The above multimedia piece, China’s Growing Sands, is the culmination of my work for the Pulitzer Center on Crisis Reporting from April to May of this year. One of the stipulations of my grant was to produce a multimedia piece for internet distribution upon completion of my travels. This kind of stipulation would have been non-existent a few years ago however today it is becoming the norm as organisations see the potential of presenting work online and are expecting their reporters to be able to handle multiple roles.
For me, multimedia is the single most exciting thing happening in photojournalism today. I was first drawn to it a few years ago as the first seriously well done pieces were starting to emerge. Slowly but surely, the presentations became more dynamic and over the past couple of years, some amazing work is now being presented in fresh and exciting ways. Multimedia will never replace the old mediums of publishing of magazines, books and exhibitions however I don’t think it is trying to. It is merely evolving into a new way to present work to an audience who are now using new tools to view photography.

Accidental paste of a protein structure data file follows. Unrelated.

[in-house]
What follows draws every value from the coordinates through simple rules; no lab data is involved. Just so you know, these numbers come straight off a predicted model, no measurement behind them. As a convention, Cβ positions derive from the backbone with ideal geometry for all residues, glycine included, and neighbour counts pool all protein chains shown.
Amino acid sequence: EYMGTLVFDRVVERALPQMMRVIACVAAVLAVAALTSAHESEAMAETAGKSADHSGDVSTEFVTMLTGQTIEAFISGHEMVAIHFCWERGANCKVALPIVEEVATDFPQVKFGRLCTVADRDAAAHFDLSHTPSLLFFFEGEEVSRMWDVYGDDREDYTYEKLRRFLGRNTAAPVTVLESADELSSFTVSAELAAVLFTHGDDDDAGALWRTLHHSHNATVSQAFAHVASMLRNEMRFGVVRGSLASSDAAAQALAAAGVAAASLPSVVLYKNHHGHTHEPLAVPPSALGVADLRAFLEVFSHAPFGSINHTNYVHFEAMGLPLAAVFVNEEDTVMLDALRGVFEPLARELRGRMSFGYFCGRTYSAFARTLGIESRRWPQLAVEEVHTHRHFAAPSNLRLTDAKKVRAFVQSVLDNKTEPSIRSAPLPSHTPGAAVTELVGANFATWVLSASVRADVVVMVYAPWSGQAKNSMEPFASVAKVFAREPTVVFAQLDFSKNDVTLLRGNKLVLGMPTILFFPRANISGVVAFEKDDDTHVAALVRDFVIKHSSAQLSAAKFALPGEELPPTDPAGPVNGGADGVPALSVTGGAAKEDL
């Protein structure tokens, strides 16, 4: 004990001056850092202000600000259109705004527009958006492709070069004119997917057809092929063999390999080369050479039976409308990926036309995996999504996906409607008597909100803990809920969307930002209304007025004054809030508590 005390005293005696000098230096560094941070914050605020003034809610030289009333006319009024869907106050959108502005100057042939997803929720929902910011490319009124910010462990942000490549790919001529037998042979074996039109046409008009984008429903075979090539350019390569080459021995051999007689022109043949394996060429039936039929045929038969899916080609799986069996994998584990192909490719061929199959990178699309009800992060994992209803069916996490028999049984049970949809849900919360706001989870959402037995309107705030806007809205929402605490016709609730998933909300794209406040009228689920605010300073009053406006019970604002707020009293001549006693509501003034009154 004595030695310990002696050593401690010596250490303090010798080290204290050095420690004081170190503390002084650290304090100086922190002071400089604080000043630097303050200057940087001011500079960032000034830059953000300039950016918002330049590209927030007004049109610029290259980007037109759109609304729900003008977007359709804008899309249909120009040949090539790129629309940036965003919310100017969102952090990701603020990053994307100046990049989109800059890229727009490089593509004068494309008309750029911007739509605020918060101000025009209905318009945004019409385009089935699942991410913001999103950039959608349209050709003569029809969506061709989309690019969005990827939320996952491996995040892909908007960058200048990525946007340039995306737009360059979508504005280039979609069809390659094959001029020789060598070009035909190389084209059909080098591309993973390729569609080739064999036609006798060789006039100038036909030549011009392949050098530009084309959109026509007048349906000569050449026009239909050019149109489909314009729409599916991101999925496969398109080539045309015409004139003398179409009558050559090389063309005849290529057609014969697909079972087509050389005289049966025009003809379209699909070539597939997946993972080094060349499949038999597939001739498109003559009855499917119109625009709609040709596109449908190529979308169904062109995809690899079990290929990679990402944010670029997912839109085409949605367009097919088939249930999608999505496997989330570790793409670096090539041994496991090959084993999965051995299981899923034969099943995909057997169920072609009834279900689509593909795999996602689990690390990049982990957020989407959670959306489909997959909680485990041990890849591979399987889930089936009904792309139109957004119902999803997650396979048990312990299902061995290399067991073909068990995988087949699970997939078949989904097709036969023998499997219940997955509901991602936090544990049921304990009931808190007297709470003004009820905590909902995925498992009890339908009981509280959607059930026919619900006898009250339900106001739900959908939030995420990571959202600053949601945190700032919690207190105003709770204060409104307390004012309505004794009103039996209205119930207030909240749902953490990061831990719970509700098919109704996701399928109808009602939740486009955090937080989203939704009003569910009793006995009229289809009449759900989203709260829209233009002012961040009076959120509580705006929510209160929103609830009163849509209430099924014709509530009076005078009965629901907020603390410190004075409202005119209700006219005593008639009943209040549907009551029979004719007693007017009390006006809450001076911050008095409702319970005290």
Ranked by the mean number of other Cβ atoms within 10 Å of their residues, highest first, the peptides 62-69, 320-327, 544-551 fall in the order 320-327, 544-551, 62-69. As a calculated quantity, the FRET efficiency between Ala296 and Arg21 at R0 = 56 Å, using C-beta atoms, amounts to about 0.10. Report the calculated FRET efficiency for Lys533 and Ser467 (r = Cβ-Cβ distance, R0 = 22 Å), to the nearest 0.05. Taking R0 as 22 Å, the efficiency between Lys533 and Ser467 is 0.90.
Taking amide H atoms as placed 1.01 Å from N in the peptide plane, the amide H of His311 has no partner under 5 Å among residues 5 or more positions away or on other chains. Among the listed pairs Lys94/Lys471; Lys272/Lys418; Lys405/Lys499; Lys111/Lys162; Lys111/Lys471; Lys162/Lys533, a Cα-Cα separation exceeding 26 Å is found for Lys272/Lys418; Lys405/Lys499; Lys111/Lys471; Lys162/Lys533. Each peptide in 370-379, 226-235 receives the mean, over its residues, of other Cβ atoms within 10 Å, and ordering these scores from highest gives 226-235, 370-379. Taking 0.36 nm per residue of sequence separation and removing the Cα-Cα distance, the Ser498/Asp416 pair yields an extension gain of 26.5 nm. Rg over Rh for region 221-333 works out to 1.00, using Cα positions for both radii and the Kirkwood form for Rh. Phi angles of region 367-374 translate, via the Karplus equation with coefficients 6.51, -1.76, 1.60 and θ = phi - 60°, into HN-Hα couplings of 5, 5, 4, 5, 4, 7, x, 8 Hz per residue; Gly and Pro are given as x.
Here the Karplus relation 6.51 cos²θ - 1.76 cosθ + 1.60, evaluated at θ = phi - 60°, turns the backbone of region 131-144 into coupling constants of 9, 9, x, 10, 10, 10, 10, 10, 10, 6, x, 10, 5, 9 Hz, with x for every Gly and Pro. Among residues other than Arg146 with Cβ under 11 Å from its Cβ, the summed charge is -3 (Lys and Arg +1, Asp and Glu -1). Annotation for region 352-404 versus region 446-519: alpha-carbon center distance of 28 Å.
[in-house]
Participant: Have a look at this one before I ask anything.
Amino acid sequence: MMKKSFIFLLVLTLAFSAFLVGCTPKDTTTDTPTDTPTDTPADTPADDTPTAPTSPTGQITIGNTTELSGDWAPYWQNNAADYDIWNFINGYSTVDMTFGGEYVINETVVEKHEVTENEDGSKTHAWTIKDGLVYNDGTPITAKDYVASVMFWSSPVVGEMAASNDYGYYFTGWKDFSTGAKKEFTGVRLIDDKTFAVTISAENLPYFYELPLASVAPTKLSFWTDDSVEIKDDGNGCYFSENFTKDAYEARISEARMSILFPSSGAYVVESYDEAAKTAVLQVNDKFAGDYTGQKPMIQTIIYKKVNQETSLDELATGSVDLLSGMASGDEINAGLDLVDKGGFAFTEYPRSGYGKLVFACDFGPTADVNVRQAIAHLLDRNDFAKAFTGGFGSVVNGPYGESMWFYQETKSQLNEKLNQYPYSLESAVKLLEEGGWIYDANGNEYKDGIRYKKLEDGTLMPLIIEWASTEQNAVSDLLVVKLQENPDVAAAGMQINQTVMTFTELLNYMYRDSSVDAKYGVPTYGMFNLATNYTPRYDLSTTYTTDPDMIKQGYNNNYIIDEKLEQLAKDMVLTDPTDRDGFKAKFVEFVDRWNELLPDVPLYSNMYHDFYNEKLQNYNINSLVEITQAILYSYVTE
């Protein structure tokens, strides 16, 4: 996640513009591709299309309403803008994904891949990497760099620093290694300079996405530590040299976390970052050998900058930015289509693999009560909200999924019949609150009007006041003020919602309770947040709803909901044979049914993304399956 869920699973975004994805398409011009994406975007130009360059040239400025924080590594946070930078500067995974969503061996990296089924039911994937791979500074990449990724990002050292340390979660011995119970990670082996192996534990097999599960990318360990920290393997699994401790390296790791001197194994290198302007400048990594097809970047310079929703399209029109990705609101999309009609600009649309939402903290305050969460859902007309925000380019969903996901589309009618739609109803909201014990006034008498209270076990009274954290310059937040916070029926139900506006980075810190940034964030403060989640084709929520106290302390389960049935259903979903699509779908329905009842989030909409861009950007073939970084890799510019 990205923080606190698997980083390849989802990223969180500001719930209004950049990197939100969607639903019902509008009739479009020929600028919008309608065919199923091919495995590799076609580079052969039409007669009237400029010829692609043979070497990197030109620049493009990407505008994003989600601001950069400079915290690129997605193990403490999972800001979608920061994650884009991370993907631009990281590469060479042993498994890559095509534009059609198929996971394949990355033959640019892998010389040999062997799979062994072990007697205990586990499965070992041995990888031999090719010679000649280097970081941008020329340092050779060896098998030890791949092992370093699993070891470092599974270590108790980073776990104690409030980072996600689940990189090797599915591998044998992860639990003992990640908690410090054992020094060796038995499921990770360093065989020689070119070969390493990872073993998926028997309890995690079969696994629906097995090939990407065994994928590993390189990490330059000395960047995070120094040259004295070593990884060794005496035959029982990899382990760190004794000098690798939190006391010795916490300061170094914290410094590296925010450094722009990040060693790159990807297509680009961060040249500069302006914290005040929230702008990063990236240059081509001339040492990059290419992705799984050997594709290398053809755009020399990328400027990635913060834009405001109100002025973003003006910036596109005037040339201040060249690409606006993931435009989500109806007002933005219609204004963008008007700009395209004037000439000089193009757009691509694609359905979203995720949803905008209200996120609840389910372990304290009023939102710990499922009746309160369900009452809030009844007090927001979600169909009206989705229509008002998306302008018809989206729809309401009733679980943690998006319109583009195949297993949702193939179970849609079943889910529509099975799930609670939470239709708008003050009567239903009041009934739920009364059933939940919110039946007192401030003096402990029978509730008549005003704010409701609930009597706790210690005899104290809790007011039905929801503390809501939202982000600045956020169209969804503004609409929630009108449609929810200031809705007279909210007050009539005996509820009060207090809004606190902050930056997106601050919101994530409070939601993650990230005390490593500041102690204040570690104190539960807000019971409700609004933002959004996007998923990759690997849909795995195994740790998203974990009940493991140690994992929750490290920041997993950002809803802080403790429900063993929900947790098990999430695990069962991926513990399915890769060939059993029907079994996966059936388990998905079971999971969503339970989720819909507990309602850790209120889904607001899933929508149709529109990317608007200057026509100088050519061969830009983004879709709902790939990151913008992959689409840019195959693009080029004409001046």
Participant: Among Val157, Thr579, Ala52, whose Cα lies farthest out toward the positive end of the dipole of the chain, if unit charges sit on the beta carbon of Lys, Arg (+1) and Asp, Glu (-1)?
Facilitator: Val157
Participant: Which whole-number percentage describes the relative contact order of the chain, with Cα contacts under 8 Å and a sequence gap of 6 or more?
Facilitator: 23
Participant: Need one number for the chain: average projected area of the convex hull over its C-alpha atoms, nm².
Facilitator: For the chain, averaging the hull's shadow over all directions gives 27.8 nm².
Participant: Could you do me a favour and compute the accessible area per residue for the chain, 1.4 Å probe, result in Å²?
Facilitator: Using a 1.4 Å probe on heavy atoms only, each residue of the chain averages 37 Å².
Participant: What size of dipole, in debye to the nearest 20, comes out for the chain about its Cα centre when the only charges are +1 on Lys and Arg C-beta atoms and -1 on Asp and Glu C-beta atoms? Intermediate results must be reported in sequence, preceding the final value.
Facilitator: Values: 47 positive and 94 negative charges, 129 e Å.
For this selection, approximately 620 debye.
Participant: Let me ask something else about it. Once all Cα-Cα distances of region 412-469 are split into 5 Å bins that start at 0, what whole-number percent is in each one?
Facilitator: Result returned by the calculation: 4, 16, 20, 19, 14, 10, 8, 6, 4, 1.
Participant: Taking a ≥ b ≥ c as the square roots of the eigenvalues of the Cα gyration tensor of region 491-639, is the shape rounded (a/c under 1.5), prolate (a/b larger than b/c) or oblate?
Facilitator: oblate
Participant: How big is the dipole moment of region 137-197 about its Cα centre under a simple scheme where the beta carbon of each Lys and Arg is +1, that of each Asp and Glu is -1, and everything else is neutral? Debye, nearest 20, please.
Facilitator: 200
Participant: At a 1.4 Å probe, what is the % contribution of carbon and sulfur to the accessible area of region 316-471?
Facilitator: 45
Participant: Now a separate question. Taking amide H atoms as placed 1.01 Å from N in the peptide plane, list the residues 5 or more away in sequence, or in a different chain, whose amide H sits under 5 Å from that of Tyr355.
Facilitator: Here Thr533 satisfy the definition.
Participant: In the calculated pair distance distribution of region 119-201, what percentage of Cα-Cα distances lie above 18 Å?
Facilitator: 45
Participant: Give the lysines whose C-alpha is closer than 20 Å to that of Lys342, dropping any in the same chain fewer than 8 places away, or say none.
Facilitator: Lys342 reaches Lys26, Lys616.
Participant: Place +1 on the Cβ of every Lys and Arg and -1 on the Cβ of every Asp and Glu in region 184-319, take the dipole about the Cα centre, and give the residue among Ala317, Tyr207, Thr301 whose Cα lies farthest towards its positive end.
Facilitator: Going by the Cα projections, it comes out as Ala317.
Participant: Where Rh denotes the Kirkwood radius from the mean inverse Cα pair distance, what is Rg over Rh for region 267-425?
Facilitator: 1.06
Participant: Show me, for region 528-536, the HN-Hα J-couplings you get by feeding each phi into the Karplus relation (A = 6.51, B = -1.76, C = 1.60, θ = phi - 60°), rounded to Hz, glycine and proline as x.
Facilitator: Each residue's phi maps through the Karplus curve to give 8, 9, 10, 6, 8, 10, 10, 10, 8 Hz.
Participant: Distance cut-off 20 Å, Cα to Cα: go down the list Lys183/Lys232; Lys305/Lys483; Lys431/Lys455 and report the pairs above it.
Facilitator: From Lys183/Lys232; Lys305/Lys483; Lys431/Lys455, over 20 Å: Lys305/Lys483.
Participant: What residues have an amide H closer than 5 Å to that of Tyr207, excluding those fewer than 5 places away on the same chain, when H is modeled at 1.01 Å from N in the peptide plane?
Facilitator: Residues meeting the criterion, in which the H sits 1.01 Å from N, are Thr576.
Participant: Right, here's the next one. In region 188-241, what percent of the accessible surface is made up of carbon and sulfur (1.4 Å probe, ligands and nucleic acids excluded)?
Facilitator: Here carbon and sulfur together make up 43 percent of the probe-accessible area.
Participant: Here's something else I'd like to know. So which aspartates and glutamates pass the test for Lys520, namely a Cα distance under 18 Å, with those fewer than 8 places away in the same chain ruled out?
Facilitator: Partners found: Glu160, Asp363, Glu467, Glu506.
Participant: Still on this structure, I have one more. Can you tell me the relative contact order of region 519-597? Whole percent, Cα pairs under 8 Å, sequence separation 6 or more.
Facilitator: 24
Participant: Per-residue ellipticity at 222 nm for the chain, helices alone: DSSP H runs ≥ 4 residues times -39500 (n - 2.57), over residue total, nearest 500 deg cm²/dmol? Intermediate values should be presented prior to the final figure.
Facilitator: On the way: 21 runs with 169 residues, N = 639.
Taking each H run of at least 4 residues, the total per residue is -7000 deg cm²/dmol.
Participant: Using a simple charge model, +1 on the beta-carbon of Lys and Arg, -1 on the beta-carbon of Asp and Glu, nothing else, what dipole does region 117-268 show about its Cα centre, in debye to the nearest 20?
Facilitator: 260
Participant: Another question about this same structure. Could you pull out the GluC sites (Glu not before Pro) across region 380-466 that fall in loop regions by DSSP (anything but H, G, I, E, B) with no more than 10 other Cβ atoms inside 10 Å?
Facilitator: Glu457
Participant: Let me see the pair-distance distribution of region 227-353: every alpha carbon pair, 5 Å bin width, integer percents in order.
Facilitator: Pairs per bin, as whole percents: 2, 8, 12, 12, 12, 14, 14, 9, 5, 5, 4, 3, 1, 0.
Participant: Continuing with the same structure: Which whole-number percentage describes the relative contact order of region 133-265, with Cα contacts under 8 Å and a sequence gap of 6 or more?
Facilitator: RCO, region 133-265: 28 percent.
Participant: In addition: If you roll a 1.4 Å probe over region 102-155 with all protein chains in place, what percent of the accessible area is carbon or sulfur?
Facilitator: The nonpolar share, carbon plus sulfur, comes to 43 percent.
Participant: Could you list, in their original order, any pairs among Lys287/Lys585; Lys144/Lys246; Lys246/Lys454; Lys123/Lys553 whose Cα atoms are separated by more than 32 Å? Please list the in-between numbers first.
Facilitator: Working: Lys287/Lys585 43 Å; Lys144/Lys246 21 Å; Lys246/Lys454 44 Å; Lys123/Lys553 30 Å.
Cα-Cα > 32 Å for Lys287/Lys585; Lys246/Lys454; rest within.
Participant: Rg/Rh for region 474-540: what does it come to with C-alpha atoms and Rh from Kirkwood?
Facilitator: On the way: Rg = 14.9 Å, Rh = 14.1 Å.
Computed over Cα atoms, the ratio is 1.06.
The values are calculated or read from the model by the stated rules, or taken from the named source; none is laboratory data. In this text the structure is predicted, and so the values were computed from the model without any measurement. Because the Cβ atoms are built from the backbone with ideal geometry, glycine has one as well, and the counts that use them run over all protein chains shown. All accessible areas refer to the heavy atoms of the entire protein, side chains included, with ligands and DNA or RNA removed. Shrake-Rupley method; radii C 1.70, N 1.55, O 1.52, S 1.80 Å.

I personally see this as an amazing opportunity. The addition of multimedia to the traditional outlets has given photographers a new way to express themselves and their work. The learning curve may be steep when beginning but the potential to reach new audiences is endless.
I hope you enjoy my final piece for Pulitzer. You can either view the one above, or click on the link on the right of this page to view a larger version.
Once you’re finished, head to sites such as MediaStorm and Multimedia Muse for inspiration and quality work. Also, for more discussion about multimedia, have a look at RESOLVE’s recent post ‘Don’t suffocate your vision’.